The Court also found that the Minister erred in reading into the definition of a CAAA a requirement that the activities of a CAAA must directly support the promotion of amateur athletics in order to qualify for registration. While the promotion of amateur athletics in Canada must be its only purpose and only function, the Court stated that there are no restrictions on whether such functions do so directly or indirectly. The promotion of amateur athletics is the key component and so long as the only purpose and function is the promotion of amateur athletics, it does not matter whether the organization is providing that support directly or indirectly. Given that determining whether a particular activity is direct or indirect can sometimes be difficult, this commentary is very welcome.
The Court further concluded that the provision of funds or financial assistance does not, in and of itself, disqualify an organization from registration as a RCAAA. The Court stated that there was no reason why an organization could not satisfy the exclusivity requirement for purpose and function by providing funding that would assist an amateur athlete to pursue their particular athletic endeavour. Again, this is a welcome conclusion given the unreasonable and narrow interpretation CRA had placed on this requirement.
In a further interesting and welcome twist, the Court scolded the Minister for treating the application process akin to an audit. The Court aptly points out that at the time of the application, it was not clear whether A4A even had any resources or whether any payment had ever even been made to athletes. Whether any particular payment made to an athlete would satisfy the requirement that it promotes amateur athletics in Canada could only be determined once the facts related to such payment are known – which at the time of the application were not. These decisions by the Court will be particularly helpful in the future to applicants for RCAAA status and to applicants for charitable status. It is quite common when filing any such application that CRA asks the applicant to provide extensive detail about its proposed activities. But the difficulty is that a start-up applicant does not have existing activities. CRA explains that this is to demonstrate that the applicant is operated exclusively for charitable purposes. This is consistent with the comment in this case that CRA treats the application process like an audit and this sets a bar for registration that is much more cumbersome and difficult to satisfy. We have long argued that this is incorrect and this decision will hopefully lead to an adjustment of the process.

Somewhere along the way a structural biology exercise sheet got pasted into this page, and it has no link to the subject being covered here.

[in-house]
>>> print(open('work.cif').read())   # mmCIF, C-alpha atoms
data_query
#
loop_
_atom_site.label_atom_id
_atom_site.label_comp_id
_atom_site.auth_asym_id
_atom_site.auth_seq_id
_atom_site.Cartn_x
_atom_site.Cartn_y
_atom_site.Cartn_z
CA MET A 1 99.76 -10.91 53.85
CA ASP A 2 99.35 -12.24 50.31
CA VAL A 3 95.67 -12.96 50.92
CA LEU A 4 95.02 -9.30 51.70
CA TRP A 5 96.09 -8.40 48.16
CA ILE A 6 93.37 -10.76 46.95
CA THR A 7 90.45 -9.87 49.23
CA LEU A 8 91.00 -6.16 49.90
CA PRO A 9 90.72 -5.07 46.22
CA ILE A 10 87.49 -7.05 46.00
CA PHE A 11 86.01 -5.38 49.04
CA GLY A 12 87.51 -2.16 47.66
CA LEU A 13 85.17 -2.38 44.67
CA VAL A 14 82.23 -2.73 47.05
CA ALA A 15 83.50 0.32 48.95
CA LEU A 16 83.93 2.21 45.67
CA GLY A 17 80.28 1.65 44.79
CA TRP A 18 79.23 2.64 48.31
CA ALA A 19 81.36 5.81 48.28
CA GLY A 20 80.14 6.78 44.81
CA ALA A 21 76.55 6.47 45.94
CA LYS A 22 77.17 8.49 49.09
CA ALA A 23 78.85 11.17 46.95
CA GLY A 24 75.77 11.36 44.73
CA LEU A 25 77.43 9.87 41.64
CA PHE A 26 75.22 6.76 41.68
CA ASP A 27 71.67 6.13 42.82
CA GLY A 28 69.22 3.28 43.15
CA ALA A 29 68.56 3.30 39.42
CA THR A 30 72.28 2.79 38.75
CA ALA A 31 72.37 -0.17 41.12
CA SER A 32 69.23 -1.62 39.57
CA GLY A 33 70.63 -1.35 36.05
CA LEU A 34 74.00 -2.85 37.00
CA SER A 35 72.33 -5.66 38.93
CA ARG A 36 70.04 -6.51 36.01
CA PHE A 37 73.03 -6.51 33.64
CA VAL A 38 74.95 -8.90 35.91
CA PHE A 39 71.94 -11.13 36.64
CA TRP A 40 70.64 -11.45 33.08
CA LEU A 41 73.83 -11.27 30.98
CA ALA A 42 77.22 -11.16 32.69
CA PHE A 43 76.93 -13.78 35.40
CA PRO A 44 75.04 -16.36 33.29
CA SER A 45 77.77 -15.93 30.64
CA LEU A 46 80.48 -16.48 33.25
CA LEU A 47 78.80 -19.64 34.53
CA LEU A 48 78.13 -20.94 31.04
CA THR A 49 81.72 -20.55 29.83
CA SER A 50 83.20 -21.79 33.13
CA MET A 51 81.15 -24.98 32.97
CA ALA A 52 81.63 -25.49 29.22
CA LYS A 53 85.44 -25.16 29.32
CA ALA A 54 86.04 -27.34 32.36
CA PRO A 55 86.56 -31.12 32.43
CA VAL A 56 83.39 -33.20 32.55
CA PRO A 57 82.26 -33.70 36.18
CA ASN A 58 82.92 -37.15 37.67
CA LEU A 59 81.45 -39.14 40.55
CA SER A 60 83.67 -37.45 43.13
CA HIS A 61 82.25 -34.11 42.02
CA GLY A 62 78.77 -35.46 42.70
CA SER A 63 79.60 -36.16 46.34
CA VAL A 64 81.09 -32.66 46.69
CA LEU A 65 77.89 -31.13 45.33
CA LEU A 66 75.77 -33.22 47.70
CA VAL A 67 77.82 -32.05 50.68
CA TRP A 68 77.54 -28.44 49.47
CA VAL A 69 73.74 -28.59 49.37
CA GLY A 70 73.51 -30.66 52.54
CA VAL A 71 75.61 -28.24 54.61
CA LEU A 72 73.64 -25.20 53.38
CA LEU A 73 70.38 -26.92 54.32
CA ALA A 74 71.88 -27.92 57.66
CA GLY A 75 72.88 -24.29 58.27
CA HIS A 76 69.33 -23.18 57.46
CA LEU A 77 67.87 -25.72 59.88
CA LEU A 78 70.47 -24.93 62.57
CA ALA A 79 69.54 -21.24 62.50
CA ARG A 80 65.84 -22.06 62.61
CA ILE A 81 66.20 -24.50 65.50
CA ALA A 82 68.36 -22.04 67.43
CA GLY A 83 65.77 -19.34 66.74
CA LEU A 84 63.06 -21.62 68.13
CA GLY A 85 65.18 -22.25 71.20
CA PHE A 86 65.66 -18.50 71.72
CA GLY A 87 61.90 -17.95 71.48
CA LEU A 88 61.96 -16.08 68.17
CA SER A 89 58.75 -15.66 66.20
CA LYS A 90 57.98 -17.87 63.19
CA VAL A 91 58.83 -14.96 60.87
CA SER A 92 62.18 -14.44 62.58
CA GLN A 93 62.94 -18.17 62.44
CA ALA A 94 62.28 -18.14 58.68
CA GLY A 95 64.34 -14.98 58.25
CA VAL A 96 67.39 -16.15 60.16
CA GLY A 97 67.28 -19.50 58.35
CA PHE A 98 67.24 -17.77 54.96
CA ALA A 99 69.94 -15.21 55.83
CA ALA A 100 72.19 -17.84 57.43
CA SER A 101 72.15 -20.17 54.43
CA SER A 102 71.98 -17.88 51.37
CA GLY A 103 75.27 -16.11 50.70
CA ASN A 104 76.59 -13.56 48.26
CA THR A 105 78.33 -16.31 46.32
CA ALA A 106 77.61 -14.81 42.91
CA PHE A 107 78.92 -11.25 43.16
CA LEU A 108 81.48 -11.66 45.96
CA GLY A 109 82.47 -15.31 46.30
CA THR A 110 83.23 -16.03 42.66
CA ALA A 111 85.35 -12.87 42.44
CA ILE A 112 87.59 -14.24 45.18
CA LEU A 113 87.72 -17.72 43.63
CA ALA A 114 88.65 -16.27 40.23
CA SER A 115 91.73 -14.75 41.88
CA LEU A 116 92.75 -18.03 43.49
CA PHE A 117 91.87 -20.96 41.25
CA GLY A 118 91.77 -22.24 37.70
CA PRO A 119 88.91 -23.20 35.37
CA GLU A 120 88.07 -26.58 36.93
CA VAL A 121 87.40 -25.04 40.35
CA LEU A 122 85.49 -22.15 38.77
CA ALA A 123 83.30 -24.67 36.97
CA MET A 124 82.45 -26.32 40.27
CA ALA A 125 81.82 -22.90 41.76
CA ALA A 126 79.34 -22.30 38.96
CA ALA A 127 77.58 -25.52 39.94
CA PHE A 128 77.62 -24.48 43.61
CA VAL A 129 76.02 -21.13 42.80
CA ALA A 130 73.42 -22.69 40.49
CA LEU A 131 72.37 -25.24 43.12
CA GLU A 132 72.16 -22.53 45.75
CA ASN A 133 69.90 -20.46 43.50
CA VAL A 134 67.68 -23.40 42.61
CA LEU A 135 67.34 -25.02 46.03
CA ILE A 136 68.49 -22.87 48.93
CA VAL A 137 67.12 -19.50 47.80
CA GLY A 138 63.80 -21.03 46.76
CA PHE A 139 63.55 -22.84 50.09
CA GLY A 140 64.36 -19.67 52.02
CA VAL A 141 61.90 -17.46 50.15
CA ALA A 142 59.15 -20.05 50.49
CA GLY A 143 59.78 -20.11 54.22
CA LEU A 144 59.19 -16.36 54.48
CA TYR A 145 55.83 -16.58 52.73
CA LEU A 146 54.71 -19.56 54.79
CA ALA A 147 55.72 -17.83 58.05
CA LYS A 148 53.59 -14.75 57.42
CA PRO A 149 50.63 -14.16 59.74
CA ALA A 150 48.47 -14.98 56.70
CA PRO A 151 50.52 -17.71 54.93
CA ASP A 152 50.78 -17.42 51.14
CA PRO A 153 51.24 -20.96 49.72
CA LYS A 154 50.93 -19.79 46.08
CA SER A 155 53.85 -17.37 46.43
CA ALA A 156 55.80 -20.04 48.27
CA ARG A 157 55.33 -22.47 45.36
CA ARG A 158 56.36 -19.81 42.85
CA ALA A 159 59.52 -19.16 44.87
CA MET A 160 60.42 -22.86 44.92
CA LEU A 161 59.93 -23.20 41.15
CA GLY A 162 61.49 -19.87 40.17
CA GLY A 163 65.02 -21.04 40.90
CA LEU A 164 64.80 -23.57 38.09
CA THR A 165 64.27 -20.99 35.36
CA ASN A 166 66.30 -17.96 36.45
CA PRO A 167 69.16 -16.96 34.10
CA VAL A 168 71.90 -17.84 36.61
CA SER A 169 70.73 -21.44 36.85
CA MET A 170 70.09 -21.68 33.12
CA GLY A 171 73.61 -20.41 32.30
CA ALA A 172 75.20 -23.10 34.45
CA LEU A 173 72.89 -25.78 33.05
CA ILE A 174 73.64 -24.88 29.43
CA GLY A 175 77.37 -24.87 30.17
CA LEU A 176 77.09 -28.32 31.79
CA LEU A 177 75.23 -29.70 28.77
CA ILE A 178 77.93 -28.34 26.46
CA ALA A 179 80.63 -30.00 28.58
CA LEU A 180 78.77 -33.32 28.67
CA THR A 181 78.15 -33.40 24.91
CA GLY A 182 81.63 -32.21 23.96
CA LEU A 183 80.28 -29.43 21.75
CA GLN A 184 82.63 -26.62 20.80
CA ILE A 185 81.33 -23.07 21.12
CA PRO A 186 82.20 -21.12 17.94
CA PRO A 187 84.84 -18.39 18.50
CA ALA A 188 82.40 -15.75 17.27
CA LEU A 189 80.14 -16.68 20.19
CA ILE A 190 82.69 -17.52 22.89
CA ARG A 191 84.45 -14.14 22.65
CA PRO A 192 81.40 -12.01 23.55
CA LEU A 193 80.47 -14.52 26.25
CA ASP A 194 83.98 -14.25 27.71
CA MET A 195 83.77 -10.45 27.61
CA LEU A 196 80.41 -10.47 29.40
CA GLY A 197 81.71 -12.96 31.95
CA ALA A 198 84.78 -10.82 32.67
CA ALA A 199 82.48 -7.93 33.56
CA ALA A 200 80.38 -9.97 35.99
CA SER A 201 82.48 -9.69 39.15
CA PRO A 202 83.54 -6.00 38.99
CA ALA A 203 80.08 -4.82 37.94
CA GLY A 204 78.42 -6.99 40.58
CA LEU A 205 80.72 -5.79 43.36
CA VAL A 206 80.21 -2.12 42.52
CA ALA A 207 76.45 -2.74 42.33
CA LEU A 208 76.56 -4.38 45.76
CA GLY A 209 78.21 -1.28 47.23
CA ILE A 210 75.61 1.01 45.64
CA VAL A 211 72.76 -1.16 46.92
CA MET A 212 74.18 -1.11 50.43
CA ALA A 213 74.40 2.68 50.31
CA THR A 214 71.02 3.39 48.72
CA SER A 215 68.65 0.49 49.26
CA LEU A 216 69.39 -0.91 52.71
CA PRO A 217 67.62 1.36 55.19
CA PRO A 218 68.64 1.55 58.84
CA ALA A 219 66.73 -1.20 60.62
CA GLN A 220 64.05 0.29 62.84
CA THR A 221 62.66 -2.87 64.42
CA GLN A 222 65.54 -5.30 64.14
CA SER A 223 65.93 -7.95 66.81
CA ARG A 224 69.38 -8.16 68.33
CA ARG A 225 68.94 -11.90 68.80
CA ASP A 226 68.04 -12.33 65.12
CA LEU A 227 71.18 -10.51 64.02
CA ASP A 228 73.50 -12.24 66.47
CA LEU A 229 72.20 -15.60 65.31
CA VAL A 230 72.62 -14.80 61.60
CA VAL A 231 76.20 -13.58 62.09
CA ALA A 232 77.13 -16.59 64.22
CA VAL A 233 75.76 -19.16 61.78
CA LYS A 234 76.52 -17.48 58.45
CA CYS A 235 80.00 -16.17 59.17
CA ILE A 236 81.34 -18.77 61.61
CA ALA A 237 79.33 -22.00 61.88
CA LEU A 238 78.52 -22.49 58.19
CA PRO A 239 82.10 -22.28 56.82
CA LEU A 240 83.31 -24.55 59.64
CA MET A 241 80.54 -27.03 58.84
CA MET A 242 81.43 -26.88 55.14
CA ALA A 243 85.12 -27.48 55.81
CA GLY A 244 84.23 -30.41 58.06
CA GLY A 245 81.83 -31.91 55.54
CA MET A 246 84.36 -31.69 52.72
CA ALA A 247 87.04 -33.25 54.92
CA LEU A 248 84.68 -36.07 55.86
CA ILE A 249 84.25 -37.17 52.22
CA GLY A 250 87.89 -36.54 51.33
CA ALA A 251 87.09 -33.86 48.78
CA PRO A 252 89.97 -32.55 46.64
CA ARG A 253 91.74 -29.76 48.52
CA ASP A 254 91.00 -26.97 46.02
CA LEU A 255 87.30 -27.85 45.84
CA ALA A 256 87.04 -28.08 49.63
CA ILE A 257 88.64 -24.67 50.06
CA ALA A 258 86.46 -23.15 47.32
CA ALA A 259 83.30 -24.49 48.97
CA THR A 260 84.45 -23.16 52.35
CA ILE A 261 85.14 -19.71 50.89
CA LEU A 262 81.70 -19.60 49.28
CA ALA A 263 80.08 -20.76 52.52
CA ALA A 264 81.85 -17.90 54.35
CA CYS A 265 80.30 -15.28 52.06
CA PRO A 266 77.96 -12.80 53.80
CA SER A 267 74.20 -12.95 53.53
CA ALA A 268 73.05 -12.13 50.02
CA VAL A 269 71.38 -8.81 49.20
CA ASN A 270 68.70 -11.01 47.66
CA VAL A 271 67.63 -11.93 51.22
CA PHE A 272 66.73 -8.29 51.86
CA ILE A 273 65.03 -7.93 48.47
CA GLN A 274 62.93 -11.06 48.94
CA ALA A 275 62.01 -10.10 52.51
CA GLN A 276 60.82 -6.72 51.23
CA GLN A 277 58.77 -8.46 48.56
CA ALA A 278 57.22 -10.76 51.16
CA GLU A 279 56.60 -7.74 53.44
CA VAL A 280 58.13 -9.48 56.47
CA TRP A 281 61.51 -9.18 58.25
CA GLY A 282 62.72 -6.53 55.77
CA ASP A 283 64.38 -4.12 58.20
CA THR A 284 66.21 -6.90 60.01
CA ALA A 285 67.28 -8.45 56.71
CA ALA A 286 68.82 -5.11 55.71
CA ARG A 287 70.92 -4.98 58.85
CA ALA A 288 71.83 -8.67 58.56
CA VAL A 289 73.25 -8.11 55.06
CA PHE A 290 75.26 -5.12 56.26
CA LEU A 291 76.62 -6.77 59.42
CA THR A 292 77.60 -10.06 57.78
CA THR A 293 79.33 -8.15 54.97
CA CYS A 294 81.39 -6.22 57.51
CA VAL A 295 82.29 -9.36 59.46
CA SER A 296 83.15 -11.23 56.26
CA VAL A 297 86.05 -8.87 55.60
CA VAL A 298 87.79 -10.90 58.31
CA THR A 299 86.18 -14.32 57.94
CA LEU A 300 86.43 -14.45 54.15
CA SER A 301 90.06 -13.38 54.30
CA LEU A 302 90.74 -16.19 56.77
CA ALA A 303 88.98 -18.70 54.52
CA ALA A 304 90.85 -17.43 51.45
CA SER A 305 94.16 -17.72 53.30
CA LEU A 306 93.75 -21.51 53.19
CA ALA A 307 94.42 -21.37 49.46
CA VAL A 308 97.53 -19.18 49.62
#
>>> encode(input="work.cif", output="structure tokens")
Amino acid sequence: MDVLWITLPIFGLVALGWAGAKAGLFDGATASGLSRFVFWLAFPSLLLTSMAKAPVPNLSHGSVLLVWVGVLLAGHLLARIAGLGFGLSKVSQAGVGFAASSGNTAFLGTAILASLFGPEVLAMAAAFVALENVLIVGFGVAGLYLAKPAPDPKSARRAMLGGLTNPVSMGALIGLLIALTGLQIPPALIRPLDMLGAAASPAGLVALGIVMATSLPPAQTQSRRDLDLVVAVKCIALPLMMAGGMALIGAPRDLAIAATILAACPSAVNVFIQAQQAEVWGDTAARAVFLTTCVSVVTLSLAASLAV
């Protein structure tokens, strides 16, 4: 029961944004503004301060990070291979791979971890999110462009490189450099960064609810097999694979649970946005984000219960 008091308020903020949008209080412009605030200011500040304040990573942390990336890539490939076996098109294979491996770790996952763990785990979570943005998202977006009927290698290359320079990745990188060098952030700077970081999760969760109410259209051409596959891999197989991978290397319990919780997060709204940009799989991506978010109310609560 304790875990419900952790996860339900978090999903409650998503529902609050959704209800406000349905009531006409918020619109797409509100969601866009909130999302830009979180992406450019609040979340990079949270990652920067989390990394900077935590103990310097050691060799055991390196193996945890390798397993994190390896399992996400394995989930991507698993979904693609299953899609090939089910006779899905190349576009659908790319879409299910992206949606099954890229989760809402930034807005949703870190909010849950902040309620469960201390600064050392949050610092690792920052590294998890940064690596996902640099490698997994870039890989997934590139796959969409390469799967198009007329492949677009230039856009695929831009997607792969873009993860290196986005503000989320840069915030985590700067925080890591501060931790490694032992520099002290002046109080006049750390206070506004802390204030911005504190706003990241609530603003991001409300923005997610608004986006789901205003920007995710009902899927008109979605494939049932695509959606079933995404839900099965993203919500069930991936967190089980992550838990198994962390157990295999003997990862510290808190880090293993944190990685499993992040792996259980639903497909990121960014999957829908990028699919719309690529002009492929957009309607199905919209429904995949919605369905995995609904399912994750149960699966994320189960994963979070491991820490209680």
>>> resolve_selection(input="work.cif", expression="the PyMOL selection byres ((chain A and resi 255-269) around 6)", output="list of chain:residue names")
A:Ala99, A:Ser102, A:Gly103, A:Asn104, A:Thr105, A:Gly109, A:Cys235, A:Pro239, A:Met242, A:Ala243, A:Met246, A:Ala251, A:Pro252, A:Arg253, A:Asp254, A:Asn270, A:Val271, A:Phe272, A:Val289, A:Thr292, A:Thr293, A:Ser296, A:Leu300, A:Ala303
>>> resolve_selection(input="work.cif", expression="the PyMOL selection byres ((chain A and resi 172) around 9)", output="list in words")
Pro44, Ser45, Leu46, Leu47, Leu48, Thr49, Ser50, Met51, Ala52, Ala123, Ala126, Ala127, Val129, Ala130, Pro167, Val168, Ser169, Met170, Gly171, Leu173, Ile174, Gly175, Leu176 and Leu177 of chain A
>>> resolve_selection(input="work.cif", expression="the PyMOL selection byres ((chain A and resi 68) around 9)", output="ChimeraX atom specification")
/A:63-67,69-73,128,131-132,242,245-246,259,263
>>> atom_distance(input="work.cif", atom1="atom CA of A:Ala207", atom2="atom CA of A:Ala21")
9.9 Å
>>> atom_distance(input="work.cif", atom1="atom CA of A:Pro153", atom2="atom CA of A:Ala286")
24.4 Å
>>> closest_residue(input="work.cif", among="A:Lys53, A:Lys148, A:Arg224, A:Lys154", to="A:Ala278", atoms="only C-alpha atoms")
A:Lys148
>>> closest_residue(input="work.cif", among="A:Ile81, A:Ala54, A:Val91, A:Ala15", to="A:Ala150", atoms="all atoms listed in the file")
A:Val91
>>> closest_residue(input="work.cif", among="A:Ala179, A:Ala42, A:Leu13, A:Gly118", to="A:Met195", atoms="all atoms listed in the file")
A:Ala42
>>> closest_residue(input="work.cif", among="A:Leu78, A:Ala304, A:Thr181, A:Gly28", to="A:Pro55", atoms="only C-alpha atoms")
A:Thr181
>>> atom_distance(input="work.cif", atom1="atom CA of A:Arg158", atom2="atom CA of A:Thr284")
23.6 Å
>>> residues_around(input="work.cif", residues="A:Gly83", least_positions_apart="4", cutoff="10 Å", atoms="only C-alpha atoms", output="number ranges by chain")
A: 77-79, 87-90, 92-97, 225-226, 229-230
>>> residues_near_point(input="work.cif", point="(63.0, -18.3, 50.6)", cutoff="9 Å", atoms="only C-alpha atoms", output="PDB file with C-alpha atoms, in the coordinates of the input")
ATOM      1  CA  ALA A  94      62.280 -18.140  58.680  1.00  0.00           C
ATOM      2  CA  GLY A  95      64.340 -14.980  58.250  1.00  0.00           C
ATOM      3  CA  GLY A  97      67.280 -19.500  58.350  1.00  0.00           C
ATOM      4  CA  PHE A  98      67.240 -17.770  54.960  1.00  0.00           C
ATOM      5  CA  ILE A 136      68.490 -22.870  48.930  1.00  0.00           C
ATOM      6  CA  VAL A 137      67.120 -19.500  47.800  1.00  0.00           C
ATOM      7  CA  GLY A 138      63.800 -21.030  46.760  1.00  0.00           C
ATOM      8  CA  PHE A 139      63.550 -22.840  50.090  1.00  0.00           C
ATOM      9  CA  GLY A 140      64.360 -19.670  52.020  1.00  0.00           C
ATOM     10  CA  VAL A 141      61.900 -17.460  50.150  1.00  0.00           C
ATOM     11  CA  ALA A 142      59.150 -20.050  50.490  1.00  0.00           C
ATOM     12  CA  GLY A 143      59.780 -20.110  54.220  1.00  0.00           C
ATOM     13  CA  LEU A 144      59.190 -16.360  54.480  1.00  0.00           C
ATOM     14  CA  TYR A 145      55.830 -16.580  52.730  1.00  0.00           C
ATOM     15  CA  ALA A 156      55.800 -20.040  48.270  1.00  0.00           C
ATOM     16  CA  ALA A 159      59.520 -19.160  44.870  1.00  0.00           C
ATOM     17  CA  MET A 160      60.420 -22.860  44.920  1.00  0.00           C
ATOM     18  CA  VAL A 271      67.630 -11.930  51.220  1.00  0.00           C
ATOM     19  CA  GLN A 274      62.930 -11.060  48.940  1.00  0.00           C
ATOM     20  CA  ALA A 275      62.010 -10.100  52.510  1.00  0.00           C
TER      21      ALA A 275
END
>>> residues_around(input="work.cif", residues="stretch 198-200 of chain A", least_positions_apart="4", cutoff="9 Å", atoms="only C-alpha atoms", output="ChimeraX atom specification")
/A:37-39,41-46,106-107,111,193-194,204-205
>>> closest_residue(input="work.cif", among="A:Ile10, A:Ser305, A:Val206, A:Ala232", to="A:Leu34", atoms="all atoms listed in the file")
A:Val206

Finally, the Court found that the Minister erred in placing too narrow of a focus on an organization maintaining a physical presence in each province and territory in order to satisfy the nationwide requirement. The Court confirmed that there is no reason why an organization with a physical presence in only one province, should not be able to promote amateur athletics in Canada on a nationwide basis.
In all, the Court found that the Minister overstepped by using broad discretion to refuse the registration of a CAAA. The only question that should have been considered was whether proposed purpose and function of each of the entities, when read in light of their stated objects, satisfied the requirement for registration under the Act.
Both appeals were allowed, setting aside the decision and remitting the matter back to the Minister for redetermination in accordance with the rulings. Costs were awarded to both A4A and TCF.
These decisions, as indicated above, are very welcome developments. CRA has in recent years adopted an audit approach to its gatekeeper role in the registration application process which was not supported by the provisions of the Act nor required by case law. We hope that CRA will consider these decisions and adjust its expectations for applicants on registration and its treatment of its guidance to be just that – guidance not statements of the law.